Zester Daily contributor Wendy Petty is a wild foods enthusiast dedicated to showing people how to transform abundant, "weedy" plants into free and nutritious kitchen staples. She is the foraging instructor at the Laughing Coyote Project, and shares her favorite wild foods from the Rocky Mountain region at Hunger and Thirst.

9 COMMENTS
  • Kate 4·30·15

    I was thrilled to see dock and asparagus starting to peek up from the ground around us in Michigan in the last week or so! I have been known to eat both before they make it into the house… The nettles are starting to look mighty tasty around here too. Risotto, here I come! 😀

    We grilled steaks the other night and made a garlic mustard chimichurri to go over it. GREENS FOR DAYS!! Of course I went out to pull a handful for the sauce, then I went on a 10-minute weeding rampage, because it’s already getting ready to head out and bloom. Harrumph.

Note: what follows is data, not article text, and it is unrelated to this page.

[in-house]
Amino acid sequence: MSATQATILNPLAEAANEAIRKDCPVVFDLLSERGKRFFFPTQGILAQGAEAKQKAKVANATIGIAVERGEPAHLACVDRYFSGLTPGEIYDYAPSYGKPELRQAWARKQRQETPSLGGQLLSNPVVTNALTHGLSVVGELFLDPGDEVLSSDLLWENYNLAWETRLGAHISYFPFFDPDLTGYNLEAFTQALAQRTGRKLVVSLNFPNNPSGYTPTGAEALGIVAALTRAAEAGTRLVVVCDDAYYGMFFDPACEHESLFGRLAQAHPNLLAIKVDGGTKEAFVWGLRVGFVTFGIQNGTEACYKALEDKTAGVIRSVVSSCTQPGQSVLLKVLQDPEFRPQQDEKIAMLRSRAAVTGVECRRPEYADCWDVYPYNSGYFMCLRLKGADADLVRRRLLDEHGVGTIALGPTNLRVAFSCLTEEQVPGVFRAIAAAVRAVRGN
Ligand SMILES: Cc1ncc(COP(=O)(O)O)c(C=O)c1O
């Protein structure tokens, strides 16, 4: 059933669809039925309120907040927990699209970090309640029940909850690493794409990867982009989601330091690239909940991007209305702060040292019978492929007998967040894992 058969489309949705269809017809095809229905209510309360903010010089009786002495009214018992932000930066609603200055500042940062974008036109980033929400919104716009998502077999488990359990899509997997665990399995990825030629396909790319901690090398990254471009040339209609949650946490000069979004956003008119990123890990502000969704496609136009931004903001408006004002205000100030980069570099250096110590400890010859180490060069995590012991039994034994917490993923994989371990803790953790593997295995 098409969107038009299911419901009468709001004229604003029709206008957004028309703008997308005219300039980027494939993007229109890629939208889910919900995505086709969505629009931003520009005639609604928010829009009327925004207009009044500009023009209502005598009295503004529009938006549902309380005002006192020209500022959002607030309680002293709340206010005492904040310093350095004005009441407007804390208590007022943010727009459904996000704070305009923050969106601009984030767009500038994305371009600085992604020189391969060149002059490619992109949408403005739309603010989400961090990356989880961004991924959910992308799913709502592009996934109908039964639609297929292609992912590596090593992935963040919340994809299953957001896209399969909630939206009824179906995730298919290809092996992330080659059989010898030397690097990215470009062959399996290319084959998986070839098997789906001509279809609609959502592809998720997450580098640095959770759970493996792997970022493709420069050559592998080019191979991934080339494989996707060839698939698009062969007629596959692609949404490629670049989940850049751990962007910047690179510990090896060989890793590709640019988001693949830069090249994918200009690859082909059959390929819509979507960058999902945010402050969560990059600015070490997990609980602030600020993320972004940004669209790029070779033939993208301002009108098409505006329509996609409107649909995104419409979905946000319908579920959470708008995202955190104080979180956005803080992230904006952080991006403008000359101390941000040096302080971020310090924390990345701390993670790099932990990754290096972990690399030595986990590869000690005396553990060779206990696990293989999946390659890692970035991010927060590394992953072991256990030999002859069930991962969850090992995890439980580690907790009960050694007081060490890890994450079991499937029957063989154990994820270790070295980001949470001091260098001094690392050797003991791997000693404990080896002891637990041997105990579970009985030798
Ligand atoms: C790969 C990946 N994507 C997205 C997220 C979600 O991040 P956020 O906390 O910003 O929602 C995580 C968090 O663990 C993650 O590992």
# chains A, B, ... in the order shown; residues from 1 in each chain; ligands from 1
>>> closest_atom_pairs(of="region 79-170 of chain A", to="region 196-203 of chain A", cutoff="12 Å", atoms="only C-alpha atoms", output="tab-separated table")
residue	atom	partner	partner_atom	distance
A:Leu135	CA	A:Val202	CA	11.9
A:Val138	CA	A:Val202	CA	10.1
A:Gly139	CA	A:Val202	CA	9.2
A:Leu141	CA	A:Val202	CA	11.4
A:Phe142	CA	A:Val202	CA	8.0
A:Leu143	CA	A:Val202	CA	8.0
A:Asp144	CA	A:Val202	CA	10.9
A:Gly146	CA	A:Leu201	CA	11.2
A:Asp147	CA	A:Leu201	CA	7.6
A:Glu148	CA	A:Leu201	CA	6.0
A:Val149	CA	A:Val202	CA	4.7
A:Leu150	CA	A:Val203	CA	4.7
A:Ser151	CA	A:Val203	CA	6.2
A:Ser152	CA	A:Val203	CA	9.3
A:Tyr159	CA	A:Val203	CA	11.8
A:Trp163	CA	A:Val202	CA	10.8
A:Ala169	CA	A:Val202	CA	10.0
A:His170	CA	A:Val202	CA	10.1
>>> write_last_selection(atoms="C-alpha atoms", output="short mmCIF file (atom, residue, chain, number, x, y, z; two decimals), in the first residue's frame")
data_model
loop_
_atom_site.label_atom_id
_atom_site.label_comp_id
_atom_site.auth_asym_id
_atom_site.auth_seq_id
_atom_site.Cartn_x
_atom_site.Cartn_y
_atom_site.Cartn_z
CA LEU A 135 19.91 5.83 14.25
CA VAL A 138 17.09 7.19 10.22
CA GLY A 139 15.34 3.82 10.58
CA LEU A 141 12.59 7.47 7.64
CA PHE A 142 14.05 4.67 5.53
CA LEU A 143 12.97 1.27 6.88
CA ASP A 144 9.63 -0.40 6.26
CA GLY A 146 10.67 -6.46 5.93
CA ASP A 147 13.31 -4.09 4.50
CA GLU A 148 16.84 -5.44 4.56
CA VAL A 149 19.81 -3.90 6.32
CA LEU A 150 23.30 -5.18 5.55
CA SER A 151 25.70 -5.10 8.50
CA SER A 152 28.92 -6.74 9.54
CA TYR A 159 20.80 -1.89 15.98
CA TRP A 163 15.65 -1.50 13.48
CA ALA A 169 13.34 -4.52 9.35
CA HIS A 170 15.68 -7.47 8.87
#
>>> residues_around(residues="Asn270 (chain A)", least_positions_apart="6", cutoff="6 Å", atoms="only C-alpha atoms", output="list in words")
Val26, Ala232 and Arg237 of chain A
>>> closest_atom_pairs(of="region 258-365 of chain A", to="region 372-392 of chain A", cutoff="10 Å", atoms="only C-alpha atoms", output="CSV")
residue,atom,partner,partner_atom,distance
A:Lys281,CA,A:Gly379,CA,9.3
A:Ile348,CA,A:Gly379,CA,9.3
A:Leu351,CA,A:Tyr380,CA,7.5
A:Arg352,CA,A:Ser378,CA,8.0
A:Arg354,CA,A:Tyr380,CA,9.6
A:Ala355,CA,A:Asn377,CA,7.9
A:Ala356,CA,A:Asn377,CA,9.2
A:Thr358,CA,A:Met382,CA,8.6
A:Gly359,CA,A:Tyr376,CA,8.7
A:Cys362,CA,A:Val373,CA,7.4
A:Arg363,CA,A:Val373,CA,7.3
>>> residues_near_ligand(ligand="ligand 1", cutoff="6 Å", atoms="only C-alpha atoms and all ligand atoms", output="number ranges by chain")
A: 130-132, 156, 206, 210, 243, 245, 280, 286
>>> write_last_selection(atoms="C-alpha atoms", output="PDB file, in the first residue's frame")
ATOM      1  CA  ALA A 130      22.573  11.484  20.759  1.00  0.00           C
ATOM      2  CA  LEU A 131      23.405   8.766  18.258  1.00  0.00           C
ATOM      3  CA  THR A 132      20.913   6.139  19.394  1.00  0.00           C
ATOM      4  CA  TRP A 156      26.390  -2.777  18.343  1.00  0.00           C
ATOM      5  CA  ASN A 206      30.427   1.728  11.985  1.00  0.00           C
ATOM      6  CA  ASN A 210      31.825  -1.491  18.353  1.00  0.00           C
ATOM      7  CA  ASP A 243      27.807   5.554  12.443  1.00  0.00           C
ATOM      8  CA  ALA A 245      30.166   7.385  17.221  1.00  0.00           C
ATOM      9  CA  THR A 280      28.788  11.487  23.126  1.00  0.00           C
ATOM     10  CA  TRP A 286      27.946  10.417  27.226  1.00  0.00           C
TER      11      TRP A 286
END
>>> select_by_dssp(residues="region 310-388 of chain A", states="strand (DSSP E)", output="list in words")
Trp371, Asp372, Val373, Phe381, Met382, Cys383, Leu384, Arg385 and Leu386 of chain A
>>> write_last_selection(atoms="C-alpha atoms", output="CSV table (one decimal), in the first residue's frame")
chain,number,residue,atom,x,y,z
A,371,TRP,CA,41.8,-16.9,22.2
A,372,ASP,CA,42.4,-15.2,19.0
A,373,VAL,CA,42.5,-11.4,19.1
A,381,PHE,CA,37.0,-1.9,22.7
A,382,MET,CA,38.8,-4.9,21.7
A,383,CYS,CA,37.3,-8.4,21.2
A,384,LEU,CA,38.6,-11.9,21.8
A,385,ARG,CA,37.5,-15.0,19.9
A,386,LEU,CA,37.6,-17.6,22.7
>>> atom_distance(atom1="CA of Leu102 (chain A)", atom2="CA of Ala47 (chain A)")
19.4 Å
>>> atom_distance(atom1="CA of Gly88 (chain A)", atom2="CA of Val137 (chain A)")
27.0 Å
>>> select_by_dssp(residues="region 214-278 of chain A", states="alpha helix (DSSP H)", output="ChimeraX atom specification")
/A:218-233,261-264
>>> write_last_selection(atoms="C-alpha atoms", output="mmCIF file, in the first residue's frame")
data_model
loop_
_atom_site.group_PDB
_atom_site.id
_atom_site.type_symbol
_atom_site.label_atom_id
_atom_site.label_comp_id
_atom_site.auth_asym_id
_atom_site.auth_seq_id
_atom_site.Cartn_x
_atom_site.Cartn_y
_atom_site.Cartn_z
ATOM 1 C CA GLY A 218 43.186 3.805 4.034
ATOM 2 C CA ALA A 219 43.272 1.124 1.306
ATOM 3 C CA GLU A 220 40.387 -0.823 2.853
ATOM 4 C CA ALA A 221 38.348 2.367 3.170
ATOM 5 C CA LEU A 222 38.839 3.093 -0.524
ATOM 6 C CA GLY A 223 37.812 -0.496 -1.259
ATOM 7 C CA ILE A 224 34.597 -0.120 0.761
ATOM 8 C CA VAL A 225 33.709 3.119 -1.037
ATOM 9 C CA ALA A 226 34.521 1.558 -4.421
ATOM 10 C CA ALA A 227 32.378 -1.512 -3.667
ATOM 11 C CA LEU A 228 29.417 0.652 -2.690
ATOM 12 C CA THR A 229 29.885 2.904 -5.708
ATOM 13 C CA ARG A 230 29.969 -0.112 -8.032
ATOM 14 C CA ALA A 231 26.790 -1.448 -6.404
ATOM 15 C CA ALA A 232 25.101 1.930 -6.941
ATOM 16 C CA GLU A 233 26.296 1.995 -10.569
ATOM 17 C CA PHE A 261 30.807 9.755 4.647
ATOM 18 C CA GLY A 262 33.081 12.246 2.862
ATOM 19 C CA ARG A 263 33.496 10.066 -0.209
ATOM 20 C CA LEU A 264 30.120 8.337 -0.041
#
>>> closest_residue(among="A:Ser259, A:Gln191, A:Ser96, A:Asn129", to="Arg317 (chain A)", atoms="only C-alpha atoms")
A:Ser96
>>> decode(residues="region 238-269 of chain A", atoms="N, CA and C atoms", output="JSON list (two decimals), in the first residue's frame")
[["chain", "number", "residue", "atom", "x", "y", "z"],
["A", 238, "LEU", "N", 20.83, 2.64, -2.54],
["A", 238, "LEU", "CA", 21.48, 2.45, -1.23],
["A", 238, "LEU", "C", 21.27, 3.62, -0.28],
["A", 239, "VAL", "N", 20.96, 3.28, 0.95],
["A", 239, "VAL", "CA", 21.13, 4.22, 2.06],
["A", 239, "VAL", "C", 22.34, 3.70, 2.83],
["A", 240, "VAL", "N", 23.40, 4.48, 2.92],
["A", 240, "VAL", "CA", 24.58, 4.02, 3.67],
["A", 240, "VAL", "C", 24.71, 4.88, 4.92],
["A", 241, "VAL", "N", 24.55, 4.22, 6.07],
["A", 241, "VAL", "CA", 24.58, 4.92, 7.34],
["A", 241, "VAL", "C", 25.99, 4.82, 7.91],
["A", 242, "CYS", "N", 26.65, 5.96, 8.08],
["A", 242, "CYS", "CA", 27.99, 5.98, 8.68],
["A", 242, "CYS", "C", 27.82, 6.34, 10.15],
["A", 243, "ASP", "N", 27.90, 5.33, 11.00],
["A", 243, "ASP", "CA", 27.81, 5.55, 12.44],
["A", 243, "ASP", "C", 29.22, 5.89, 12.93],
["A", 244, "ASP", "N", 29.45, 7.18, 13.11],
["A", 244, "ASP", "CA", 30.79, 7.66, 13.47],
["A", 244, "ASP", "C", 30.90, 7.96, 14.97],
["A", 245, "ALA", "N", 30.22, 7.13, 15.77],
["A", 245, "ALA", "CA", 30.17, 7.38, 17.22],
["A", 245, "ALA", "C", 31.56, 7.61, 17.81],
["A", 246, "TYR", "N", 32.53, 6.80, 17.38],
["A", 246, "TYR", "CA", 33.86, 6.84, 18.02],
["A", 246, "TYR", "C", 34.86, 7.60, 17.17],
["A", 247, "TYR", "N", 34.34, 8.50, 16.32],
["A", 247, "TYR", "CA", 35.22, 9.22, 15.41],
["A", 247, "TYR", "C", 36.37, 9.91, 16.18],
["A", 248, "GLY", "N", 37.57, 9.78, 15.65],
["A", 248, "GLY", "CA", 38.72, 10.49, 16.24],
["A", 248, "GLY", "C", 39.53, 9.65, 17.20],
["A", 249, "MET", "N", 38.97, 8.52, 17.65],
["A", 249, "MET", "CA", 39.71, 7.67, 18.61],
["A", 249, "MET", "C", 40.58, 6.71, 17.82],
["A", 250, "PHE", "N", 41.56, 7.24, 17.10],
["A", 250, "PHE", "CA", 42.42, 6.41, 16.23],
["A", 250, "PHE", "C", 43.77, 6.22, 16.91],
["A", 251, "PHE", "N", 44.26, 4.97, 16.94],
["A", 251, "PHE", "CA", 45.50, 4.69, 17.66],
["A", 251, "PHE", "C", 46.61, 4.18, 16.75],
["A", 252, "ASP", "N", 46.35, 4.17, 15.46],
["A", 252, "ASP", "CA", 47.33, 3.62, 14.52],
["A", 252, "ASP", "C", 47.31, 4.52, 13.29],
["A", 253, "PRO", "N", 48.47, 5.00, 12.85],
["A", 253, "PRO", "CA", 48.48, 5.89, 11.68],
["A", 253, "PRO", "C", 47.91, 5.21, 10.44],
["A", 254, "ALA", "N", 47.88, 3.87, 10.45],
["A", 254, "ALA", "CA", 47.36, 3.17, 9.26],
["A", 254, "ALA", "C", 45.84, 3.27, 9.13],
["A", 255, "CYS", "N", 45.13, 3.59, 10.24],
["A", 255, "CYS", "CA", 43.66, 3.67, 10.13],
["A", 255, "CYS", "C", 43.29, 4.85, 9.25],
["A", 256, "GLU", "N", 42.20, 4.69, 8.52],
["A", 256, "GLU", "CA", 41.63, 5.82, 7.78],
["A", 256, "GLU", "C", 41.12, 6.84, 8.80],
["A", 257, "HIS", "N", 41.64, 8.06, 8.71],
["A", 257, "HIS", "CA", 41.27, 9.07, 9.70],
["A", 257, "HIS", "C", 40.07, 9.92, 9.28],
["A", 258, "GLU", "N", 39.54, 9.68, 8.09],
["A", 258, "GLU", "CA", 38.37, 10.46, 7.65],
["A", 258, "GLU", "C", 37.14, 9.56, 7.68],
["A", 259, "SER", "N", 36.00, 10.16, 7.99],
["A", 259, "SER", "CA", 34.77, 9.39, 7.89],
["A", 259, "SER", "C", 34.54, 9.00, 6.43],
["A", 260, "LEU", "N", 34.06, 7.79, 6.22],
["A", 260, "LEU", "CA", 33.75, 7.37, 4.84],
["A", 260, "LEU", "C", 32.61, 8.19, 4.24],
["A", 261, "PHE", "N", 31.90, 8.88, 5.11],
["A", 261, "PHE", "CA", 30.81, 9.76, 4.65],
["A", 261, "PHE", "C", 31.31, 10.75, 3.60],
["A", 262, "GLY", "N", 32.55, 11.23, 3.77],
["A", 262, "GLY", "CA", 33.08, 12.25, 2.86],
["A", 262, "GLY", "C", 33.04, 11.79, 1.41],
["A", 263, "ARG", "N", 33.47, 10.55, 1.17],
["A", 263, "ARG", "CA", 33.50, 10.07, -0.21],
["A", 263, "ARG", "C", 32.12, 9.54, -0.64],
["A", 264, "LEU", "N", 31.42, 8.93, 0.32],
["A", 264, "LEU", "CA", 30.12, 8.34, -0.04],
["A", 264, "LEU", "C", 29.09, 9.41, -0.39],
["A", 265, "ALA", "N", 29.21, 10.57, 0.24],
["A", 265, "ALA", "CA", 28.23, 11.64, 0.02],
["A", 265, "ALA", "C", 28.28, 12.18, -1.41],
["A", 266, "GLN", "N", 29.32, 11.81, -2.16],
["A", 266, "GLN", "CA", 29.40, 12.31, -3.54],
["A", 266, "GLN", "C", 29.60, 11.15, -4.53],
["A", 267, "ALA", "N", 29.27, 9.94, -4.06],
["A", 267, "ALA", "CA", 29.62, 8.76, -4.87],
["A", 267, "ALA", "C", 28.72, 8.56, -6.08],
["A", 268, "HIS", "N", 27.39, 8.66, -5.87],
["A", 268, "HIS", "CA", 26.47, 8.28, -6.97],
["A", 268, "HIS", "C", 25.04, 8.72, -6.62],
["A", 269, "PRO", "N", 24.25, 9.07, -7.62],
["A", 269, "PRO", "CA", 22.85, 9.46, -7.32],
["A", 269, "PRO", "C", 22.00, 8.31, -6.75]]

Thanks to your writing about the invasive knotweed, I’ve starting to keep an eye out for it. Haven’t spotted any yet, but I know it is in the state. Not that I hope to find any, but if I do, I’m eating it for sure. So thanks for that, Wendy!

  • erica 5·1·15

    This is a nice overview of edible spring greens to keep an eye out for. The photos are gorgeous.

  • Allan Smith 5·4·15

    I’m looking for a website or book which lays out the edible herbs & weeds which are native to northern NY state … hoping that the website and/or book will have what a rookie needs in order to correctly identify the plant & warn about similar plants which should be avoided. I’d like to be able to find, on the site or in the book, the nutritional / healthy properties of each herb / weed and, where possible, warnings about which of these herbs ( as essential oils and/or tinctures ) should not be mixed with other herbs and/or “big-pharma” drugs.